A great question prompted the topic of meeting your kids where they are: “I was raised in a family of discipline, and I have a kid who doesn’t react well to it. How do I adjust to meet him or her where they’re at?”
First of all, I love that the person asking is aware that what was effective when he was growing up may not be effective today. Second, I love that this parent is looking to meet his child where he is and willing to adjust to do so. The marks of an awesome parent.
How does one meet their child where they are? Here are a few things to consider.
It does not mean you are relinquishing your authority or shirking responsibility. It means you are looking for alternatives that are more successful. It also means you are searching for a way to be more influential rather than more forceful. That willingness to shift what you are doing to be a more effective parent is highly responsible and very loving.
Explore what your child’s reaction to your parenting style or discipline is saying. Get curious. Do you feel like you are speaking a foreign language when you make a request? Make eye contact and give a gentle touch on your child’s shoulder to garner more focus on their part. If you see avoidance, make sure your child knows how to do what you are requesting. Break the task into smaller components. If you encounter opposition, provide choices and greater leadership for your child.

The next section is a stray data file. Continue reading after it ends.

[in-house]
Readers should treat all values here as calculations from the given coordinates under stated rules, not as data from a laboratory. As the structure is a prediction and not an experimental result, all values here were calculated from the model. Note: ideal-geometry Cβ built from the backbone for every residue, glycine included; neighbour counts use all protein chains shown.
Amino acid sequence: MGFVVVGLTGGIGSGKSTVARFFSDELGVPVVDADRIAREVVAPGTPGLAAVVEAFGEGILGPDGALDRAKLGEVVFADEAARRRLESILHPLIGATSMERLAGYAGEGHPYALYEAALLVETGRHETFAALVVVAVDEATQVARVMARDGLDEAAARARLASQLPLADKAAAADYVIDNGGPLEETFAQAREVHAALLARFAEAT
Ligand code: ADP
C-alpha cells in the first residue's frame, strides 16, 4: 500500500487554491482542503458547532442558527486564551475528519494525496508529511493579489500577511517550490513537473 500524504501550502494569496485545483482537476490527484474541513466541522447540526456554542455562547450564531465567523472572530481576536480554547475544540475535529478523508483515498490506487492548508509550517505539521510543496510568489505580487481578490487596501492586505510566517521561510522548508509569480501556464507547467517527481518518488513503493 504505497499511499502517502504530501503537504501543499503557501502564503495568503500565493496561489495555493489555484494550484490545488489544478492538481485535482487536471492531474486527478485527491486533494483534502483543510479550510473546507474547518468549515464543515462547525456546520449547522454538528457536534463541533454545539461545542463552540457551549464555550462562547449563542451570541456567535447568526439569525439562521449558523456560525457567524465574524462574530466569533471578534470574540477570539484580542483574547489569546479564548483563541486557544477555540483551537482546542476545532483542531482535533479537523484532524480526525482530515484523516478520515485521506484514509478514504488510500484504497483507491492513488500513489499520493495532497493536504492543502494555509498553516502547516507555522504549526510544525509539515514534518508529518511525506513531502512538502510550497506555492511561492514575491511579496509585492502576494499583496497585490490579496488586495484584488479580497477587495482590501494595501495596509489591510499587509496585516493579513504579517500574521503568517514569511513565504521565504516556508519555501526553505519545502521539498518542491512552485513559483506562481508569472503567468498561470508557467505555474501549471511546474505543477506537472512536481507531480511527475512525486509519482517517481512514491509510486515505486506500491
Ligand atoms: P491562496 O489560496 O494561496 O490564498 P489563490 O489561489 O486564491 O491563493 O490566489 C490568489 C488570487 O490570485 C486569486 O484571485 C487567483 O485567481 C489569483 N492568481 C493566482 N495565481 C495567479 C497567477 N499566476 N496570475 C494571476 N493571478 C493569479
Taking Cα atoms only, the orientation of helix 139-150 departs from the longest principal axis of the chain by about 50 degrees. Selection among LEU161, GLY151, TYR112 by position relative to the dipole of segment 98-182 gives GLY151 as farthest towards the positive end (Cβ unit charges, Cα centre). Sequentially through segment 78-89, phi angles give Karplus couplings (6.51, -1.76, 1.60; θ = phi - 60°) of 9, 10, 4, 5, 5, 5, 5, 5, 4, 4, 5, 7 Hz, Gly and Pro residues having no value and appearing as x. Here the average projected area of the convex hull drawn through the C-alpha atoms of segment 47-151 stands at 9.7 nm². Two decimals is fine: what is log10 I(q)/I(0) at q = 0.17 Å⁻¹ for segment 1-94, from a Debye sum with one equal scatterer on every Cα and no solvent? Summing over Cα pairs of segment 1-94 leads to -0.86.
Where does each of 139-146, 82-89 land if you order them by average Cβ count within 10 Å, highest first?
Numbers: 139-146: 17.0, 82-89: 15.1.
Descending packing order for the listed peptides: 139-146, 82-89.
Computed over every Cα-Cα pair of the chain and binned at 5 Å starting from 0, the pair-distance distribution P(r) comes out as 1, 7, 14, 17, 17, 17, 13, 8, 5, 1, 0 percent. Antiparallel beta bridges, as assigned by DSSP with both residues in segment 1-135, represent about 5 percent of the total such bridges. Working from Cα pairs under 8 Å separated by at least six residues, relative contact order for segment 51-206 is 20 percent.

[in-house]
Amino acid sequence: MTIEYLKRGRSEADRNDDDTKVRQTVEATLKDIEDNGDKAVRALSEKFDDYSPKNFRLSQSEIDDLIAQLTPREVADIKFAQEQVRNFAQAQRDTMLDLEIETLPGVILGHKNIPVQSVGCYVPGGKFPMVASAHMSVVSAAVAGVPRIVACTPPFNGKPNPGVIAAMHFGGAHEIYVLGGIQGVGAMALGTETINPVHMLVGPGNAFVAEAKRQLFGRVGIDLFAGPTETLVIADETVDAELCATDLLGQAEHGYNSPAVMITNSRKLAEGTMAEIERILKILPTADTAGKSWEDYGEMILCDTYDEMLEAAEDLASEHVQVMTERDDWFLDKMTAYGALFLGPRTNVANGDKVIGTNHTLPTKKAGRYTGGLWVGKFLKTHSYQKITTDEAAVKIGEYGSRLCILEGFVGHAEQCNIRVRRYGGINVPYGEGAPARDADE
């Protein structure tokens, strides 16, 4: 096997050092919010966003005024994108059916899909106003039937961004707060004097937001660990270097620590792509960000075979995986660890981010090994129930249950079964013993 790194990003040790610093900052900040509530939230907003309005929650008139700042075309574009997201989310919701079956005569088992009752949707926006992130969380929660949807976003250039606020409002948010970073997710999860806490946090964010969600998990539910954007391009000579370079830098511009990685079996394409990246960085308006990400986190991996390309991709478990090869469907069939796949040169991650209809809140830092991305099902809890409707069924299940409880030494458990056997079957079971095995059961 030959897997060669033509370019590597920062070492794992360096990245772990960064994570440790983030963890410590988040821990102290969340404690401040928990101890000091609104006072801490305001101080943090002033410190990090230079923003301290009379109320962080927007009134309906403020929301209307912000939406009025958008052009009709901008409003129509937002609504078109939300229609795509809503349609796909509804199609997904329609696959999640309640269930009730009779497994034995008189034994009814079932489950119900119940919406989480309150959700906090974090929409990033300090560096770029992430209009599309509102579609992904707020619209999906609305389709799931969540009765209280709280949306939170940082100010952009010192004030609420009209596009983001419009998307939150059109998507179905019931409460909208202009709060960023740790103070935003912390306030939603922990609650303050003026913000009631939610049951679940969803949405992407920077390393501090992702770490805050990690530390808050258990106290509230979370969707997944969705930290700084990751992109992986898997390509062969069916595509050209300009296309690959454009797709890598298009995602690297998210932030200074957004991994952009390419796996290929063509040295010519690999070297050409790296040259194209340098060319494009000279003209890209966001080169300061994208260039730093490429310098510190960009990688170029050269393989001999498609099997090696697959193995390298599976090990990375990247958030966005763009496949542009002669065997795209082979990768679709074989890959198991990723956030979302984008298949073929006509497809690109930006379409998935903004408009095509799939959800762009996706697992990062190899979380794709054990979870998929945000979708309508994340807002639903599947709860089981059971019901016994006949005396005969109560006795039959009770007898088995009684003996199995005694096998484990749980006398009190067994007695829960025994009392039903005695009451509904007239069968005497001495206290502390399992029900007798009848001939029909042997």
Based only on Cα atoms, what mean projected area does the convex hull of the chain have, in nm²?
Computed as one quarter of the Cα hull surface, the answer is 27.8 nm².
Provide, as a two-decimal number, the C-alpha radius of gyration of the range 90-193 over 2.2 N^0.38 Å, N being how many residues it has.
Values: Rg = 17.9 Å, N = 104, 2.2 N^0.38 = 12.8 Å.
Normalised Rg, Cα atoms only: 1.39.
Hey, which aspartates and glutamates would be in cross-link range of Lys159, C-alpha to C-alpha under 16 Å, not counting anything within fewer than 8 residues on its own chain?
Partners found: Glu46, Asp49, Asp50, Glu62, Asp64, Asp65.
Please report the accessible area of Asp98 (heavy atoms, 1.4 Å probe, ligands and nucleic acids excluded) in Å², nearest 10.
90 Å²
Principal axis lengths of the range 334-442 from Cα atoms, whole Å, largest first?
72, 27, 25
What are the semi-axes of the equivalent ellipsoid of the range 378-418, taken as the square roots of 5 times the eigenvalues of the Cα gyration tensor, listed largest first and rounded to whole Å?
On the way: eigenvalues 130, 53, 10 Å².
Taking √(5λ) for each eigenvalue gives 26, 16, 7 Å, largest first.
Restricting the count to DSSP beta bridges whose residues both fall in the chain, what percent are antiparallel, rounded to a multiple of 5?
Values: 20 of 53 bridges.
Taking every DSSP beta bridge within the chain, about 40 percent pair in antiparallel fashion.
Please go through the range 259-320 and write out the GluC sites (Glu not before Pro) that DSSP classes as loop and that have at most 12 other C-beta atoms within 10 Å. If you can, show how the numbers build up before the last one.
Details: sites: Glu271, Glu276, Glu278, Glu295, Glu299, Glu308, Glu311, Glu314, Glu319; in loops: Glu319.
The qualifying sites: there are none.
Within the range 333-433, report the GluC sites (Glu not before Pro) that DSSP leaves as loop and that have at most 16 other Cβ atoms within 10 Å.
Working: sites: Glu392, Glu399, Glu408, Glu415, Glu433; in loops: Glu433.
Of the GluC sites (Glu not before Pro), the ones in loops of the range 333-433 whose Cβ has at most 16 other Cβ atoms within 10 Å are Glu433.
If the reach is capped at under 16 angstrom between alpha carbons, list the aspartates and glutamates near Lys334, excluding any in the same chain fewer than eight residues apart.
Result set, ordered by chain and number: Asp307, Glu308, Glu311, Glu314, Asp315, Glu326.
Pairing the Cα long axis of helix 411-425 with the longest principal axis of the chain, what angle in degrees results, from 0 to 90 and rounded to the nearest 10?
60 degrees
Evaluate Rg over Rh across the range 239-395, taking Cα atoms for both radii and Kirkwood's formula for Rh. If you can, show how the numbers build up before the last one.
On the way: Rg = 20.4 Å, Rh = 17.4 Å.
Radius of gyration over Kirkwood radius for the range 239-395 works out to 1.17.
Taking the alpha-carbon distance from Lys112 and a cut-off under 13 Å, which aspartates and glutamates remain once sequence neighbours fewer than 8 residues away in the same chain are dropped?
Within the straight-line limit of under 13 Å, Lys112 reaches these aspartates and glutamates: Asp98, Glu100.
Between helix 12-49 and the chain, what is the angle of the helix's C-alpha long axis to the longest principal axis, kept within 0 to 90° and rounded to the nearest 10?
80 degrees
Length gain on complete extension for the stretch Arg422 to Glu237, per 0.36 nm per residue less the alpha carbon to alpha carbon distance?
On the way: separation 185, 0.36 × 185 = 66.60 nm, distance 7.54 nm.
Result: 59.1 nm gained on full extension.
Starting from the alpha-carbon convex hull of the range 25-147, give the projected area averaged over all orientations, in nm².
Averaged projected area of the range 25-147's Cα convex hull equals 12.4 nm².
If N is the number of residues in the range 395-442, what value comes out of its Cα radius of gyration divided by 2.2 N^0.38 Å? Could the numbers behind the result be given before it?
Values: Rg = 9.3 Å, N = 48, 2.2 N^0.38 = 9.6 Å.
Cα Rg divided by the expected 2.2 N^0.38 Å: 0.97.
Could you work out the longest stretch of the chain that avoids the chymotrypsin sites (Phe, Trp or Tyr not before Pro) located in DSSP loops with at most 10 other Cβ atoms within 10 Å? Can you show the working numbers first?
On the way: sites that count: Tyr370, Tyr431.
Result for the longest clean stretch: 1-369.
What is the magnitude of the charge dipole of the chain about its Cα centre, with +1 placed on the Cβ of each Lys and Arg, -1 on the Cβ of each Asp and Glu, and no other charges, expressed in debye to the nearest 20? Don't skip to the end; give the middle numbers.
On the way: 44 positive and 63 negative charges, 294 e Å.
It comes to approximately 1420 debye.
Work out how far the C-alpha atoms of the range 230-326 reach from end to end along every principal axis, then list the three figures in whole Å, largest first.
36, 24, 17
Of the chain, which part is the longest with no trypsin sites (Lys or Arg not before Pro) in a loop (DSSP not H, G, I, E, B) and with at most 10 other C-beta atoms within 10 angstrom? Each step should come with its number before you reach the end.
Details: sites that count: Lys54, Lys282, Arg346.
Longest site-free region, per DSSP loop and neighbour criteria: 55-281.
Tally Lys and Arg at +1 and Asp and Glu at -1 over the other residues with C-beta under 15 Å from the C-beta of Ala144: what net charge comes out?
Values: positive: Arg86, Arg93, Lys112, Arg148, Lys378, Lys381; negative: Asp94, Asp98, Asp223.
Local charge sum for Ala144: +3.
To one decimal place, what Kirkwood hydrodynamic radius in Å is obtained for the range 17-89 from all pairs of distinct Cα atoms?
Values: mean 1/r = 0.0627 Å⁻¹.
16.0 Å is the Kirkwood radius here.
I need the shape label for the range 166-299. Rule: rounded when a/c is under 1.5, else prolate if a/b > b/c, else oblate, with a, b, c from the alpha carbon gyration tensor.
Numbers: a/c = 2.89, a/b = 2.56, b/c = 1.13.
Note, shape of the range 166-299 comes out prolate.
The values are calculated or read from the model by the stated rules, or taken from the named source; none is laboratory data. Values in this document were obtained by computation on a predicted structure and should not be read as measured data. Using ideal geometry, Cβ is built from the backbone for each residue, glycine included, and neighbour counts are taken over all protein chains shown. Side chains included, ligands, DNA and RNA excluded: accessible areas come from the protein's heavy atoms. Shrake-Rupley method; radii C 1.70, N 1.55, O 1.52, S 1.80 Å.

Making requests as opposed to commands means less resistance. This involves monitoring your tone of voice and making your requests conversational. “No” does not mean the end of a conversation. It can mean the beginning of a discussion. When you find yourself engaging in a power struggle, take a break, take a breath and take a look at the big picture beyond doing homework, getting ready for school or leaving the party.
Focus on what’s behind your child’s behavior. Get curious about what is going on behind the scenes rather than getting stuck on an agenda item, such as “making” your child do something. What need is your child expressing? Are they looking to feel powerful by resisting or fighting? Are they looking to belong or feel valuable? Identify the need and guide them to get it met.
Have a discussion with your child. Let your child know what you are noticing and how you feel. For instance, “I feel frustrated when I ask you to clean up your room and nothing happens. What I want is for you to clean your room when I ask. Will you?” If the answer is, “No,” keep the inquiry open with, “What’s going on that you will not be helpful, because I know that you are?”